ARIZONA PRODUCTIVITY RATING
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G: Games played. S: Number of starts.
BP: Bench points. A player gets three points if he is first off the bench, two if second and one if third. Shows Sean Miller’s rotation.
UW: Productivity points against Washington
WMIN: Minutes played against Washington
PP: Productivity Points (Points, assists, rebounds, steals, blocked shots, FGs made, FTs made added together and then subtracted by missed FGs, missed FTs, personal fouls and turnovers)
TMIN: Minutes played overall
PR: Productivity rating per minute played (Productivity points divided by minutes played)
NOTE: Player must average at least 10 minutes a game to be listed in primary rotation
Sometimes coaches will take a win on the road no matter the circumstance, especially at a place where Arizona coach Sean Miller had yet to win.
That’s what happened Thursday as Arizona triumphed 57-53 over Washington at the Alaska Airlines Arena, better known as Hec Edmundson Pavilion. Miller can check a win at Washington off his bucket list — the Huskies are the last Pac-12 team he has beaten on the road — but he would have preferred a lot more buckets in the process.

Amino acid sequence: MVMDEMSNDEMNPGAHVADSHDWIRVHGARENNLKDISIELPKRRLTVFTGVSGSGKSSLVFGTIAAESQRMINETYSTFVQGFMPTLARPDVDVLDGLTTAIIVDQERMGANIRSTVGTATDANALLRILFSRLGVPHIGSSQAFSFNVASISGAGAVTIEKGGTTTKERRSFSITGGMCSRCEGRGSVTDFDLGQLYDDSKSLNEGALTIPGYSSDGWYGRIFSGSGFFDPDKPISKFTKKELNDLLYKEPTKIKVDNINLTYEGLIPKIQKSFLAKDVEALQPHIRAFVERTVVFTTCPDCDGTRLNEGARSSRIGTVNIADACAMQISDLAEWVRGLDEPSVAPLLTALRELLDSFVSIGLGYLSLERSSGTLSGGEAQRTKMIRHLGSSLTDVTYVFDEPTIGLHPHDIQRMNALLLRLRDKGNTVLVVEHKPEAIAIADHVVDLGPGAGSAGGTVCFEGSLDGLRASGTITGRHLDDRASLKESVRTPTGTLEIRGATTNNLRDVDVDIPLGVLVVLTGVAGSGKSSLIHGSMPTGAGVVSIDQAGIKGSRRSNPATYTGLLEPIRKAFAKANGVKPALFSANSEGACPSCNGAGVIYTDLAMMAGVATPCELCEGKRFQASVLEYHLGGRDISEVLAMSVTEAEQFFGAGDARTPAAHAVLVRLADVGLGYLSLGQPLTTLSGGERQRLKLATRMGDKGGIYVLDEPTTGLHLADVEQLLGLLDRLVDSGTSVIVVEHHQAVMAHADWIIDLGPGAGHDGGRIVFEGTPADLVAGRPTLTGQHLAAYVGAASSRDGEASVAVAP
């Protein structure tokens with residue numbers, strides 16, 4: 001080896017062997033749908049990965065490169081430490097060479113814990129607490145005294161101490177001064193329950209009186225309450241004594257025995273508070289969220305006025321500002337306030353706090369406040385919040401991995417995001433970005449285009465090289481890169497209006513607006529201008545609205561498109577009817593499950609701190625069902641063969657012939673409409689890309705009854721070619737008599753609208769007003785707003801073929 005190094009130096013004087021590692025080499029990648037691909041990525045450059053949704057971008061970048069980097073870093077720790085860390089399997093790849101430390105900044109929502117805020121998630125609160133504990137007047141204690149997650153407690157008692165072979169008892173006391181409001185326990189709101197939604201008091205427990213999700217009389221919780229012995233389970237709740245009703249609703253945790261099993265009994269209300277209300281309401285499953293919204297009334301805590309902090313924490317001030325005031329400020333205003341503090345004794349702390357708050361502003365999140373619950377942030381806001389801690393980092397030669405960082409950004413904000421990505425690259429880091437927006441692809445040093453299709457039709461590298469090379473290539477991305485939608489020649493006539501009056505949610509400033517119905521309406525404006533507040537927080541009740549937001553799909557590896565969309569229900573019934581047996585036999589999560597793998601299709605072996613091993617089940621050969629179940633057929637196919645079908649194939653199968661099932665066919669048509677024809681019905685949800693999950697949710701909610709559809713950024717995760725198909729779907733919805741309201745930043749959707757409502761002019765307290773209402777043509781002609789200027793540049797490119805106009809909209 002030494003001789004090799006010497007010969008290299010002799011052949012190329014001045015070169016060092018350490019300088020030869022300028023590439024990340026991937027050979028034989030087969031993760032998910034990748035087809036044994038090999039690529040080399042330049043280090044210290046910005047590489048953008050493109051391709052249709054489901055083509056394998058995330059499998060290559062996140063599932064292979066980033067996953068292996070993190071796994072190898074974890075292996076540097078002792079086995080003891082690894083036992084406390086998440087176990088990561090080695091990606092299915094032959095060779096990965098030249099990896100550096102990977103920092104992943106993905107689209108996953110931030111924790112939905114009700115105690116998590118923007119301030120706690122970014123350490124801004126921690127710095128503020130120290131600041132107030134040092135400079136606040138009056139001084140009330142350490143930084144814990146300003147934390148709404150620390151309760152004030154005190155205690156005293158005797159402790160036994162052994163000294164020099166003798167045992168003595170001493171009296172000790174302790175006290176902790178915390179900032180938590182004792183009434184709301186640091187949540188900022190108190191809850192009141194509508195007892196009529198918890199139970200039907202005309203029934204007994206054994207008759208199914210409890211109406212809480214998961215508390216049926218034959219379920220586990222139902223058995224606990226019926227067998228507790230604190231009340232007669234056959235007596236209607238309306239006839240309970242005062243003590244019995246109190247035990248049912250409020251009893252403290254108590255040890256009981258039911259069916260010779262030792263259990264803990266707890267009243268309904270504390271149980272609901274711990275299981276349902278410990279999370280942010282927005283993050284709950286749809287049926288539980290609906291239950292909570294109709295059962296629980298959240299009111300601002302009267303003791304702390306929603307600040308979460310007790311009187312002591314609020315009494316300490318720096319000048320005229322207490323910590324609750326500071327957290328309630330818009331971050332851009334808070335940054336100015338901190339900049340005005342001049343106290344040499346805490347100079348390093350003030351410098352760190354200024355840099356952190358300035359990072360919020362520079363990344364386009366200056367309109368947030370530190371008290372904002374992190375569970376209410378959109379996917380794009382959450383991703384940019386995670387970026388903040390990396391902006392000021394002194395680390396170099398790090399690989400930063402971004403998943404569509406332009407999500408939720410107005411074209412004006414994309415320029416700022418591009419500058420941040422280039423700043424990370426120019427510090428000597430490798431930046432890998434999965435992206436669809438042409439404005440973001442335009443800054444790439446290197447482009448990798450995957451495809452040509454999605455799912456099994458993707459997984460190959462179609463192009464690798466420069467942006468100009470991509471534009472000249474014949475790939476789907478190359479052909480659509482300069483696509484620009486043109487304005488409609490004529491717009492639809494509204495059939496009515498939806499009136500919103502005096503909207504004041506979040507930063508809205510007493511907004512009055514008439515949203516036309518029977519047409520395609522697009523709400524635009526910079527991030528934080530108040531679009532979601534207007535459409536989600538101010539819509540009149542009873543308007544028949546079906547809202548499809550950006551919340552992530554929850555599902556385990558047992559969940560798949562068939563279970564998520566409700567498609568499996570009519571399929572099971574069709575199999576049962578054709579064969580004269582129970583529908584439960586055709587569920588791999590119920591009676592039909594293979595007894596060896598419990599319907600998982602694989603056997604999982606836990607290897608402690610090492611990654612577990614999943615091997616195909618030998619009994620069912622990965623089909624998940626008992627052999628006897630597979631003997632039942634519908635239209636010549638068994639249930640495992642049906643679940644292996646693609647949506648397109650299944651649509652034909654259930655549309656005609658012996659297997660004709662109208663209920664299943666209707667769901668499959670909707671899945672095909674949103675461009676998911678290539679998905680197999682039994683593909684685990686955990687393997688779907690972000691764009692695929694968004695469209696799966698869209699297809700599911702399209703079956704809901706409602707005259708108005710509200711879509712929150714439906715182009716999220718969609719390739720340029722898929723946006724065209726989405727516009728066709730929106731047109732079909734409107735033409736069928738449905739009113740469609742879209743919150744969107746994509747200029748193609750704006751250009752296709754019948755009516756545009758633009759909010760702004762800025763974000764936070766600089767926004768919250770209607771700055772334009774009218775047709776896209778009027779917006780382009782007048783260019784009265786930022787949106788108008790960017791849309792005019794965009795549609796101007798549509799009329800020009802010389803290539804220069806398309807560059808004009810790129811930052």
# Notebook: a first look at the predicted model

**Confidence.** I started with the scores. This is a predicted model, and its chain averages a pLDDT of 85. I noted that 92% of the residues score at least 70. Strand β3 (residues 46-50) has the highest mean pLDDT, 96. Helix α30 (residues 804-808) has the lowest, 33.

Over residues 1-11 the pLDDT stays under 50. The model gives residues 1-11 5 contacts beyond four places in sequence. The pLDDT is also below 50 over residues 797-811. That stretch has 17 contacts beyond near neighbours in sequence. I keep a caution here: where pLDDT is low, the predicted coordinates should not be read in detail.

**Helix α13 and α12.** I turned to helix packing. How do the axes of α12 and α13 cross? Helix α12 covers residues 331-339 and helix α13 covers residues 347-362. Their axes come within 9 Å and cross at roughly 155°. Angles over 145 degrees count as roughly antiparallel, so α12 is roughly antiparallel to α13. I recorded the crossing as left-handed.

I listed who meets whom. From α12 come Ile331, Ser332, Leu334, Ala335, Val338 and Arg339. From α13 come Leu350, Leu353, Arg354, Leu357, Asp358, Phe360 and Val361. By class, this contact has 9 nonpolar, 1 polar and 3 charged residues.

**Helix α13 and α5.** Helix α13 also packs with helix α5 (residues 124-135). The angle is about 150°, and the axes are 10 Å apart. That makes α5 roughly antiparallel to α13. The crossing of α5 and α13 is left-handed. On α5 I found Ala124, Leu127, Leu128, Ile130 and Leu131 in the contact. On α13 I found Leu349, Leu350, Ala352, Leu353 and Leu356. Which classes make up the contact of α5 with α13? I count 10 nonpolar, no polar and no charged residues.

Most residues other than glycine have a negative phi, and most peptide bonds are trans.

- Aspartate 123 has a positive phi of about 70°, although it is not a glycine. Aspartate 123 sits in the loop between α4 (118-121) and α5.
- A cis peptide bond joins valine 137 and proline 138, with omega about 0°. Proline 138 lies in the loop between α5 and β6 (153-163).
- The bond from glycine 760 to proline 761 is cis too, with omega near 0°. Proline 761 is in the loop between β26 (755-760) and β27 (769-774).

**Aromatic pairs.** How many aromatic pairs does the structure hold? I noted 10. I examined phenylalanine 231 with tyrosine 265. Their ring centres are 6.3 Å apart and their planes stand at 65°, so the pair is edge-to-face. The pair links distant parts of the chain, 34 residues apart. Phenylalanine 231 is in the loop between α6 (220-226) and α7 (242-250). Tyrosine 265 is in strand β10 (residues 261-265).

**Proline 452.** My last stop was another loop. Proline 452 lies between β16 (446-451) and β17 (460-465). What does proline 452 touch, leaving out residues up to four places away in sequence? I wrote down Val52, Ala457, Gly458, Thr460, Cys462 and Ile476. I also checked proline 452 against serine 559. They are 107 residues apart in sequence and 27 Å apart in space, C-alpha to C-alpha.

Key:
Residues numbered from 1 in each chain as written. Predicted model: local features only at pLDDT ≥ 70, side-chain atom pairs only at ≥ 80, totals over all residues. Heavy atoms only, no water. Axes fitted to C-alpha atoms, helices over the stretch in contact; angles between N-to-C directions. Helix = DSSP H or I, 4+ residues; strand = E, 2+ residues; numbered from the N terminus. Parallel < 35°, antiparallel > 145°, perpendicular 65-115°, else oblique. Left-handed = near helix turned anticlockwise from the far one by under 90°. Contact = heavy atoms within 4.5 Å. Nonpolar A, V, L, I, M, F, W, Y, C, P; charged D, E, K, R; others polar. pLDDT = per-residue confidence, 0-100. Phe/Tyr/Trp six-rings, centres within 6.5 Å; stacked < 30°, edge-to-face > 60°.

The Wildcats’ primary eight-man rotation managed only 66 productivity points (see glossary for explanation) in 197 minutes. The UA’s only worse output this season was 65 productivity points in a 70-66 loss at Oregon on Jan. 10.
Arizona managed the victory because of another productive showing by sophomore guard Nick Johnson, who posted 26 productivity points in 34 minutes. He now leads the Wildcats with a productivity rating of .660. His most valuable contribution was shutting down Washington guard C.J. Wilcox — the Huskies’ lifeline — defensively.
Wilcox finished with only 11 points on 4-of-16 shooting from the field thanks mostly to Johnson’s continuous pursuit. One snapshot of the game was Johnson readjusting his body in midair and blocking a Wilcox jumper in the first half. Johnson had a team-high 15 points with three blocked shots and four of Arizona’s five steals.
“I was looking forward to it coming in,” Johnson was quoted as saying by the Associated Press about the matchup with Wilcox. “I feel like I played hard. I think I did a good job. He’s a great player. He can score with the best of them.”
Miller looked relieved with the victory at the end of the game, but he and his staff must have convened afterward and talked about the game being too close for comfort. This is similar to last week when Arizona lost to UCLA and became refocused with a resounding 74-50 win over USC.
Washington, on a four-game losing streak, including a home loss to Pac-12 last-place team Utah, is adjusting this season without Tony Wroten and Terrence Ross, who bolted to the NBA after their sophomore seasons. The Huskies rely heavily on Wilcox and 7-foot senior center Aziz N’Diaye.